The most valuable possession we have on this earth is immaterial. I am speaking of time. It seems odd that that would be true, but it is. We each receive the same amount of sand in our hourglass every day. Once spent, it can never be recovered. "Like sand through the hourglass, so are the days of our lives," was the tagline from a long-running soap opera. Watching it may have been a waste of a lot of good sand, but the saying did have the ring of truth to it. 
 Moses' wise prayer was that God would teach us to number our days (Psalm 90:12). What we trade for those seconds in a day, what we mix with the minutes, determines how much actual regard we have for our days.

The door which opens into eternity is not in the future, it is behind the believer (John 10:9). You and I enter into eternity the moment we are born from above. If we have been born again, we are already dwelling in eternity. We can choose to embue the day with eternal qualities or let it slip through our hands, squandered in activities that have no everlasting ingredients mixed with them. Let us ask God to give us a heart of wisdom regarding our todays in light of the eternal tomorrow.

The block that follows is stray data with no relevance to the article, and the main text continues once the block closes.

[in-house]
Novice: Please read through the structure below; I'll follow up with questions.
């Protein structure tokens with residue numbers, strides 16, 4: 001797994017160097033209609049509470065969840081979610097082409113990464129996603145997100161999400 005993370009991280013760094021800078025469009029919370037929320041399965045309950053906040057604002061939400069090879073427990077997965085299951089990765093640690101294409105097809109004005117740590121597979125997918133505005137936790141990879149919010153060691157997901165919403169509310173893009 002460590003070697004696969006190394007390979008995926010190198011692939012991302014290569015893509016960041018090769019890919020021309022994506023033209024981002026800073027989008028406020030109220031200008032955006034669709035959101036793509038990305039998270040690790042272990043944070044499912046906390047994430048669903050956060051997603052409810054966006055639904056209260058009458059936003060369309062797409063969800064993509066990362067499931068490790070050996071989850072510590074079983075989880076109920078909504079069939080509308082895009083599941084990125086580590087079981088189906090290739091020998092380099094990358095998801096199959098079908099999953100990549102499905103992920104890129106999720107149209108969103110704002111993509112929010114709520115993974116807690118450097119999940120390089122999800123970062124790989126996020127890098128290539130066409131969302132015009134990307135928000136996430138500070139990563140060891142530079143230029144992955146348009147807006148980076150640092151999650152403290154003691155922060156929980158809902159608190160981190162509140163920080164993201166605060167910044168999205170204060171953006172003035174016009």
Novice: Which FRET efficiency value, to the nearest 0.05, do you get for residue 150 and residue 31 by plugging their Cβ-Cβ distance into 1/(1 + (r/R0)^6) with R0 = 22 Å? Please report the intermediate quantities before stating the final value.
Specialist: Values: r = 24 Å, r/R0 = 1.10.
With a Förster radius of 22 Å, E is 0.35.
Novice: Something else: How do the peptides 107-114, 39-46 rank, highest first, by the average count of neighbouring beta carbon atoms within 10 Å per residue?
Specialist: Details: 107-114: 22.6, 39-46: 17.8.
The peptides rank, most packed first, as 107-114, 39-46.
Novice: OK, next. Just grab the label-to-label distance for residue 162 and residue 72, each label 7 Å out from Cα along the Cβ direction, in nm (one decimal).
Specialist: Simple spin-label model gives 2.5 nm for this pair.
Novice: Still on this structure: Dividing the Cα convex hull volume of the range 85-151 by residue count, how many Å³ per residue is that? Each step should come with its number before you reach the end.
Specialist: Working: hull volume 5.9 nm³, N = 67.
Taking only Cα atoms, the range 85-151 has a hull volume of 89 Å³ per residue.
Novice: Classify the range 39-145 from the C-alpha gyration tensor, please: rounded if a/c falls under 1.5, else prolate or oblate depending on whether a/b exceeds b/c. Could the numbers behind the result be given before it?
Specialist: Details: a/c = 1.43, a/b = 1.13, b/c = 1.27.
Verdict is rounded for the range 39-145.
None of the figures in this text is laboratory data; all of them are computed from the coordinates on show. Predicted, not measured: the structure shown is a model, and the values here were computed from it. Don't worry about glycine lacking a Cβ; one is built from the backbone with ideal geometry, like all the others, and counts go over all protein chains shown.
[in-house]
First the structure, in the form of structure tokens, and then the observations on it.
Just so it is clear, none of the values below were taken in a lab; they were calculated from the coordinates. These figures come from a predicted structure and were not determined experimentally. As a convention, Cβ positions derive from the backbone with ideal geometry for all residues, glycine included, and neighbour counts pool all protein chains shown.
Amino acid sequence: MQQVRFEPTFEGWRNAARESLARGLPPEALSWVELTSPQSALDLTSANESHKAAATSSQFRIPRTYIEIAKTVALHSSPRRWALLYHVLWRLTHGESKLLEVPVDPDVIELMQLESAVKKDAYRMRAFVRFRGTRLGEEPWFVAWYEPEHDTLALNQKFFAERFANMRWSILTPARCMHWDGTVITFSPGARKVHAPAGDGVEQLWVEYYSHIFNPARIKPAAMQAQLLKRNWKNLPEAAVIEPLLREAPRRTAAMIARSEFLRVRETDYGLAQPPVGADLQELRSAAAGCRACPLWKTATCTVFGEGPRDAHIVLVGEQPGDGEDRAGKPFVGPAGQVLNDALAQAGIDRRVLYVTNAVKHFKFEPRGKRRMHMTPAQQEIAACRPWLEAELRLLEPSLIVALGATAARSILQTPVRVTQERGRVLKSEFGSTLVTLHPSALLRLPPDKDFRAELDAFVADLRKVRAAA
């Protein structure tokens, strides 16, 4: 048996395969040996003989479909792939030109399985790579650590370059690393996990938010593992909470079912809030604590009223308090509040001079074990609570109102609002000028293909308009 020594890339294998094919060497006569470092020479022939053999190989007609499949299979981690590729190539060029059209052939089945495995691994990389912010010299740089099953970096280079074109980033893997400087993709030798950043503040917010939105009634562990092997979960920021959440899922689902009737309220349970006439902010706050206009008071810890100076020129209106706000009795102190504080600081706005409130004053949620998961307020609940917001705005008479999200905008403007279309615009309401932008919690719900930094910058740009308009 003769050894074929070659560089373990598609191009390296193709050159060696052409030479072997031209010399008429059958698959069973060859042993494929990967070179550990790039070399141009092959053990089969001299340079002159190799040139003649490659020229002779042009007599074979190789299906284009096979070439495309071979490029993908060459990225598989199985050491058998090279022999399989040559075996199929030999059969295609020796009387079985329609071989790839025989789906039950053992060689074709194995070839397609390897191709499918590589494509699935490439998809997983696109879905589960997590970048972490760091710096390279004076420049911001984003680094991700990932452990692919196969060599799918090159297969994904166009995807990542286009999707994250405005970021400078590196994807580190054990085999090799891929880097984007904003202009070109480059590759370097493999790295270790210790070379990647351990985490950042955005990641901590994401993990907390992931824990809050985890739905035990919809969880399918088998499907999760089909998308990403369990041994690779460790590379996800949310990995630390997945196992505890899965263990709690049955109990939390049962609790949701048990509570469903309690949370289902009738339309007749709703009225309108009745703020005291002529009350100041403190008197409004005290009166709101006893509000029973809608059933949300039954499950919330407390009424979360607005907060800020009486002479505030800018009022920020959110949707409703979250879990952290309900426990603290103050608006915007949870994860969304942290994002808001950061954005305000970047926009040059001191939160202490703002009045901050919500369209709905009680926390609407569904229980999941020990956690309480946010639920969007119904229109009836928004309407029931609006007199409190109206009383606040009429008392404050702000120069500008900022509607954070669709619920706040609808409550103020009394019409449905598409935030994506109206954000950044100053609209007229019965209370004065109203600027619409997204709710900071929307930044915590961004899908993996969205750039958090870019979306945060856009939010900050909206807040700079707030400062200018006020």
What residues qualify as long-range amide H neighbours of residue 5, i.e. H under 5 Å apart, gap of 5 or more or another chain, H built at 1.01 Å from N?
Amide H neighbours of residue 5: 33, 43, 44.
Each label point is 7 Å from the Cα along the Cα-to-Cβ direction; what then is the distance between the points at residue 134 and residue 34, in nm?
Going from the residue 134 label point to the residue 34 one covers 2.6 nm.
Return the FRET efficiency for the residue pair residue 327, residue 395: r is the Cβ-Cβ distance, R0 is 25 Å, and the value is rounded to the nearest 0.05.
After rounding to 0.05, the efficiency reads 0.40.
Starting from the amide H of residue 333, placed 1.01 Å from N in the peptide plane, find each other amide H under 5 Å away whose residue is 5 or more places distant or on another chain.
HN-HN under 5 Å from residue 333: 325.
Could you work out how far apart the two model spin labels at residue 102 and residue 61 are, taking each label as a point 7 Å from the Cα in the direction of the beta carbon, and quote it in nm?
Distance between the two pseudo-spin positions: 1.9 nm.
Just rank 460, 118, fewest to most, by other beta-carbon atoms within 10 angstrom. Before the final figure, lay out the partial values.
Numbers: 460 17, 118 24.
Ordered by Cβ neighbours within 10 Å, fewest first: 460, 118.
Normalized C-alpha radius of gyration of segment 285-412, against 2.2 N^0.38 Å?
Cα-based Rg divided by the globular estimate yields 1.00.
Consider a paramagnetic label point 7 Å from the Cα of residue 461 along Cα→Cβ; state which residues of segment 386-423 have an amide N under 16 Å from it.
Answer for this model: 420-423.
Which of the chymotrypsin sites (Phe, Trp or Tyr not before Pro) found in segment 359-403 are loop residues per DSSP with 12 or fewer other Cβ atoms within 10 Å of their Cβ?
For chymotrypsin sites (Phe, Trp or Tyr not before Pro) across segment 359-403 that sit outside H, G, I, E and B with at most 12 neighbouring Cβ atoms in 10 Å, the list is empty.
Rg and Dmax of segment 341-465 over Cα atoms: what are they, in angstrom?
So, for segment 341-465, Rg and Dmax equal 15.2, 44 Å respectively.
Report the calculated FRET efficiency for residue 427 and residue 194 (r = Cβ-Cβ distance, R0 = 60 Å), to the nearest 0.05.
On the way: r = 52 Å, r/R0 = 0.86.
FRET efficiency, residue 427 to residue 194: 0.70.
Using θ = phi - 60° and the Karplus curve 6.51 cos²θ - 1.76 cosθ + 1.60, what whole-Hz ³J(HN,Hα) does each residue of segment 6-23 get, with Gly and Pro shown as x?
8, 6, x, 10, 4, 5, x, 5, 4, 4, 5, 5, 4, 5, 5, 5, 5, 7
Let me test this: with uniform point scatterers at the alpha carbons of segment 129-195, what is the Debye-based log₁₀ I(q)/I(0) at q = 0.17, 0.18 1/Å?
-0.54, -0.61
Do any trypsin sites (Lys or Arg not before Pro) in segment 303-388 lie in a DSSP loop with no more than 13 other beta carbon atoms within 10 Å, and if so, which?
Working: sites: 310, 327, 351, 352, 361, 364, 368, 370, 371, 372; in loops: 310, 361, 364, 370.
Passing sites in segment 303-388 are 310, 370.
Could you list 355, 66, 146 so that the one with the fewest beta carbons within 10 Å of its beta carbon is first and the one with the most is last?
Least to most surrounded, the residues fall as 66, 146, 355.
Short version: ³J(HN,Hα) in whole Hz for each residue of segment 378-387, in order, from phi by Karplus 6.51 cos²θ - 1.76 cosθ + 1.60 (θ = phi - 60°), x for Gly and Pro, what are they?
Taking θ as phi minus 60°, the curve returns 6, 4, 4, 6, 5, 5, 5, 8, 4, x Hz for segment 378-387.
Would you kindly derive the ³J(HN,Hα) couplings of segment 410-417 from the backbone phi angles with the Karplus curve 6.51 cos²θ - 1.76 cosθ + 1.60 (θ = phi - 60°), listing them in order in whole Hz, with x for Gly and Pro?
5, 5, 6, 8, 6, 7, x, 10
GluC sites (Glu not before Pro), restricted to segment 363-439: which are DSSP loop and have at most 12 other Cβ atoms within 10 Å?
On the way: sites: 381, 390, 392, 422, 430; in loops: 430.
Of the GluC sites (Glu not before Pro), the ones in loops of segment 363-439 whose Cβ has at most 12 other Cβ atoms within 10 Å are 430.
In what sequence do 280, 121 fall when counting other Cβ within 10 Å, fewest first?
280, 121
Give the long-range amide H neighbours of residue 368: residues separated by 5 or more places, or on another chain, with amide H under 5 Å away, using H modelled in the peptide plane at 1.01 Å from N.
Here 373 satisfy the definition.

"Look carefully then how you walk, not as unwise men but as wise, making the most of the time, because the days are evil." — Ephesians 5:15,16

• 1 Thessalonians 5:5,6     • John 10:10

Wednesday, February 21, 2018

The Luthier

Praise him, sun and moon,
praise him, all you shining stars! — Psalms 148:3

Imagine, if you will, a craftsman, a violin maker, desiring to create an instrument whose sound could express all the inner mysteries of the heart. Having spent years apprenticed to a master craftsman, he now has the opportunity to build his own instruments and put into practice, not only all the skills he learned from his mentor, but also the ideas flowing from his own gifted genius.